Taking Back the Night for Everyone

Annual March Brings Montreal Organizations Together Against Gendered Violence

  • Photo Fatma Daldoul

  • Photo Fatma Daldoul

People of all genders and experiences took back the night on Friday in solidarity against gendered violence that disproportionately affects women.

“Everyone has a right to feel safe and welcome in this space,” Julie Michaud, administrative coordinator at the Centre for Gender Advocacy declared.

The march came amid continued disgust at Montreal police sergeant Laurent Gingras’ comments last month, which provoked a furor of criticism.

He stated that women ought not to travel in taxis alone at night, particularly when intoxicated, or else they risk putting themselves in harms way.

“Why ought the onus be on women to be careful or to remain sober?” attendee Rog Bastain told The Link. “It should be more of a general concept that men should not rape or sexually assault women.”

Attendees voiced concern about the sergeant’s remarks, especially after the police disclosed there had been 17 female victims of assault in taxis this year.

“[What he said was] really unfair, it doesn’t really shed light on the situation or provide any solutions,” Bastain added.

CTV reported this week that there has been a law since 2001 which demands that “any aspiring taxi driver will have to submit to the criminal background check.”

However, this law has “by and large not been enforced by the industry, partly because there has been no province-wide standard for background checks in place,” according to the report from CTV.

Transport Quebec and the City of Montreal have announced their intention to strictly enforce the law starting the first of December. But for the 46 reported victims of abuse from taxi drivers in the past two years it may be too little, too late.

“Rather than denouncing the violence and introducing punitive and preventative measures in place the SPVM instead [suggested women follow several guidelines],” Trampis Hogg and Anaïs Van Vliet, volunteers for the Centre, told the crowd. “This response is infantilizing and misogynistic; it puts blame on victims and perpetuates rape culture.”

Michaud told The Link that the Centre “wants to make Take Back the Night marches more inclusive [by not just making them exclusive to women and children] and acknowledge that gendered violence affects not just women.”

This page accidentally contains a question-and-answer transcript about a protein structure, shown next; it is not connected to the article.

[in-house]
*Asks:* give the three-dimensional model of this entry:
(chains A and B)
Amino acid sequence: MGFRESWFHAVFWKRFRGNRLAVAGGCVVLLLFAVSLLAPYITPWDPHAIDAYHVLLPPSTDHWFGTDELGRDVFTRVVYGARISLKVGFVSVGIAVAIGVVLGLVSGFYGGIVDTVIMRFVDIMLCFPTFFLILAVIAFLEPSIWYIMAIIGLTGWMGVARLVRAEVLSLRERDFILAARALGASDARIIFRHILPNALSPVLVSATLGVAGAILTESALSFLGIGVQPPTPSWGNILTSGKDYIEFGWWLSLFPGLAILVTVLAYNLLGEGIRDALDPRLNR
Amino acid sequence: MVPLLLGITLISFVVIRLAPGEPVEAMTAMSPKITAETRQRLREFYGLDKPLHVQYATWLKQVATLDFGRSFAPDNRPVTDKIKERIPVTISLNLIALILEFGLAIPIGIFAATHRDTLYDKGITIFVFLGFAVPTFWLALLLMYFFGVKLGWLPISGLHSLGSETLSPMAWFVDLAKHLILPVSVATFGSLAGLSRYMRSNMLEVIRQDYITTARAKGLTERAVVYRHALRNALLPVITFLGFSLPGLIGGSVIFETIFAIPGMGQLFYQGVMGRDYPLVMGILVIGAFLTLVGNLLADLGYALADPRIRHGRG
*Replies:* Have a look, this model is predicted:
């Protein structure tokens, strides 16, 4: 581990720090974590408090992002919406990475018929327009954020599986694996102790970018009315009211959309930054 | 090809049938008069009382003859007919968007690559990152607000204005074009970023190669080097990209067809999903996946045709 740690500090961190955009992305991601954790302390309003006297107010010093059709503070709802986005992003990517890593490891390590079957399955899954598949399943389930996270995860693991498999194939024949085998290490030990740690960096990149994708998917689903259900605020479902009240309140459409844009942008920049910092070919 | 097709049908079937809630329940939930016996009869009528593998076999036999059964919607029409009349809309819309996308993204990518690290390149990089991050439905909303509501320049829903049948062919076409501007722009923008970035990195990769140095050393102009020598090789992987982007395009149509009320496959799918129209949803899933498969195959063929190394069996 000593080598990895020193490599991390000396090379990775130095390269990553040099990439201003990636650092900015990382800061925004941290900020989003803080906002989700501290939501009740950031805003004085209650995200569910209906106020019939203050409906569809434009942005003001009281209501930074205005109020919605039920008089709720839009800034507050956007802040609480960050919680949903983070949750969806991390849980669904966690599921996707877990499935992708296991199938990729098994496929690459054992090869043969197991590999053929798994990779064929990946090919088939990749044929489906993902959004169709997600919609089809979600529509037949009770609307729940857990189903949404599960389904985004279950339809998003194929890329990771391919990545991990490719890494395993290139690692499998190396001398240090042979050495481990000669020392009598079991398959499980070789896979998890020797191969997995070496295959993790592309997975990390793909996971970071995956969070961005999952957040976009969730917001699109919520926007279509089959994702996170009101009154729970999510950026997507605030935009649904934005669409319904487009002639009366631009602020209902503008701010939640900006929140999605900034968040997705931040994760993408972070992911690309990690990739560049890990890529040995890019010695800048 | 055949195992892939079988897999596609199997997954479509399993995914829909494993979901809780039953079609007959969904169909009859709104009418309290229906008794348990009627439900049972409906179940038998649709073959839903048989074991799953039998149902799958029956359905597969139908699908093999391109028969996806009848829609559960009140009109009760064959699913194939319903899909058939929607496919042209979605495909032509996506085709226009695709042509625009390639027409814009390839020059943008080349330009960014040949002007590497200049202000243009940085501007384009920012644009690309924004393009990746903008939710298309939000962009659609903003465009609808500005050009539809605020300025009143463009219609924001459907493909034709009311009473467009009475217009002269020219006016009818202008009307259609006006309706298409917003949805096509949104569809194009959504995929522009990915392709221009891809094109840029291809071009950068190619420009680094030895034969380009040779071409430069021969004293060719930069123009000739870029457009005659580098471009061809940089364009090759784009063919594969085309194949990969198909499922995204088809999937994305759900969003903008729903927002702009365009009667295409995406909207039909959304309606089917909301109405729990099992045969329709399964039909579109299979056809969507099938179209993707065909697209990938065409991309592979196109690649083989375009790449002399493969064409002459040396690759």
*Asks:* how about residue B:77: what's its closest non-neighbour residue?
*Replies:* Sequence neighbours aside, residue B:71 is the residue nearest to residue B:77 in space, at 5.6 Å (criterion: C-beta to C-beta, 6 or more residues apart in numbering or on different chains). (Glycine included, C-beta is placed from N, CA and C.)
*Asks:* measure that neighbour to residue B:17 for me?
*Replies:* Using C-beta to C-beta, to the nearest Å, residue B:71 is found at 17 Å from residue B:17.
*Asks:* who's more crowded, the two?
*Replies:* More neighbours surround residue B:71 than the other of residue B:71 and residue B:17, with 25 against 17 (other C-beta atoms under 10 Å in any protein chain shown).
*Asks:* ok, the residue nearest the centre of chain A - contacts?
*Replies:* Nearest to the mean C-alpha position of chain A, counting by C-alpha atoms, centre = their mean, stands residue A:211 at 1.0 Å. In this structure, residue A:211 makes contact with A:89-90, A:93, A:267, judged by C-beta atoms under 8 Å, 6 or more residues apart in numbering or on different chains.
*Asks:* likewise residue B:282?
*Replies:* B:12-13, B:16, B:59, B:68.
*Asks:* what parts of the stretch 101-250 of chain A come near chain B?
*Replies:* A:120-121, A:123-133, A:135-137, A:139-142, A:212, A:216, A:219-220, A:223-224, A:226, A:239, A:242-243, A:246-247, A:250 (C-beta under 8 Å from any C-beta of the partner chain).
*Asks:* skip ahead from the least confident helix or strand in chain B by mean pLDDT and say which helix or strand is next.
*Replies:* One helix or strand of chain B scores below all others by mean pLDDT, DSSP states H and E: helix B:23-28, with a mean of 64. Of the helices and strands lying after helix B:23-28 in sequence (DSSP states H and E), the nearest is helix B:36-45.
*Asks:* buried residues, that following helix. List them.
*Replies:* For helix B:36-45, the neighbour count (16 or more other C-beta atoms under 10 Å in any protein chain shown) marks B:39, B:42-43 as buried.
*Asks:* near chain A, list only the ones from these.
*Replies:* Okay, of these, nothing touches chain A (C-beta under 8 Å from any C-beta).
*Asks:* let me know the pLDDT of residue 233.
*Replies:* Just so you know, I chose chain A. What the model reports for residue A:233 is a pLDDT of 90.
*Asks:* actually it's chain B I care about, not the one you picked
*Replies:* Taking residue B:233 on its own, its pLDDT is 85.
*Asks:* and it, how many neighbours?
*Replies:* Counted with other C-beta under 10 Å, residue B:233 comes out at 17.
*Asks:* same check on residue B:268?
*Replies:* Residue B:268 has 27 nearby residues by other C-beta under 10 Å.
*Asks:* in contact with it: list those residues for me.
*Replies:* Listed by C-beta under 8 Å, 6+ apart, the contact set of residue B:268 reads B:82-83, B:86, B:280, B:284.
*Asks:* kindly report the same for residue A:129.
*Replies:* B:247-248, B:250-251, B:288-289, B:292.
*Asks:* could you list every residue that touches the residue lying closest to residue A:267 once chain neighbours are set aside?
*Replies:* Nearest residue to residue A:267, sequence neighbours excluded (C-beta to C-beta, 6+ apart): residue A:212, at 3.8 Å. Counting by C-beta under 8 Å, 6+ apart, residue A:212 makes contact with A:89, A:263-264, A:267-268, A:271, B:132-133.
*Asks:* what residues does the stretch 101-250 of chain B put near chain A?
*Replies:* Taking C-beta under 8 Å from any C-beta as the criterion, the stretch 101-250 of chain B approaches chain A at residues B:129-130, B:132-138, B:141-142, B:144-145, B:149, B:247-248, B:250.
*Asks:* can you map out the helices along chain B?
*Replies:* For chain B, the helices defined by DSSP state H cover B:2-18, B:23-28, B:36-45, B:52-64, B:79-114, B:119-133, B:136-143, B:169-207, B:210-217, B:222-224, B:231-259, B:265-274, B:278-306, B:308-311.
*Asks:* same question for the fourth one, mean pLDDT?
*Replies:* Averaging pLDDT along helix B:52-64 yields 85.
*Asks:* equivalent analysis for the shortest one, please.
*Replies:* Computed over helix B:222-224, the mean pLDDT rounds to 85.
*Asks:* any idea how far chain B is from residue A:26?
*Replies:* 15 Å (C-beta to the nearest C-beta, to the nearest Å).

Consequently men, women and transpeople alike participated in the event—although the vast majority of attendees were women between the ages of 18 and 40.

“[I’m here] to show support against rape culture and put the emphasis on people who would sexually assault and rape people,” Bastain said. “It really is a widespread problem which requires a generational solution.”

Take Back the Night is primarily “an event to bring attention to sexual harassment and sexual assault,” Michaud told The Link. “Its name references the kinds of advice women are often given to stay safe at night and avoid sexual assault.”

“In fact being out alone at night is not a contributory factor to sexual assault. When someone is sexually assaulted it is because one person has chosen to sexually assault another,” she continued.

“It might sound a little preposterous, but we need to teach people to not sexually assault each other.”

“It might sound a little preposterous, but we need to teach people to not sexually assault each other.”

Photo Fatma Daldoul

Several different groups, in addition to the Centre, spoke before and after the march about the many forms of gendered violence. These included Women in Cities International, the Reproductive Justice League Choir, Accessiblize Montreal, Quebec Native Women, and the South Asian Women’s Community Centre.

The Centre elaborated on the violence indigenous women experience, which tends to be a lot more aggressive and common.

In recent years, there has been greater pressure on organizations and institutions to enact policies to provide women with greater protection in a society that systematically discriminates against them.

“Unfortunately, Concordia is, in fact, one of those institutions which is not doing anywhere near enough,” Michaud stated.

The Centre for Gender Advocacy has been asking Concordia to implement mandatory workshops regarding consent, especially for students living in residence.

Recently Concordia president Alan Shepard told The Link that sexual consent workshops might not be effective because “saying it’s mandatory, in my view, actually can diminish its effectiveness.”

Shepard’s comments, according to Michaud, almost implies “sexual consent workshops are considered a punishment [or suggest] that they [the person undertaking the workshop] are a rapist.

“We think this is shameful; they [Concordia] need to take action,” she said. “This is a no-brainer.”

McGill University has held mandatory workshops for its students in residence through the McGill Rez Project for the last eleven years.

Throngs of protesters left Norman Bethune Square and headed east on de Maissoneuve Blvd. W. As they trekked along the promenade in temperatures below -5 C, the crowd chanted, “no means no, wherever we go.”

“What do we want?” exclaimed the sopranos of the crowd in a rhetorical query.

“Safe streets!” the tenors replied. “When do we want it?”

As the lyrical pendulum swung back to the questioners, they responded with a resounding “NOW!”

The crowd made a left onto McGill College Avenue where the protesters reconvened in front of McGill’s Redpath building to listen to two more speakers.
Shortly before the march’s end, the speakers told the crowd anecdotes detailing their experiences of feeling intimidated in male-dominated public environments.

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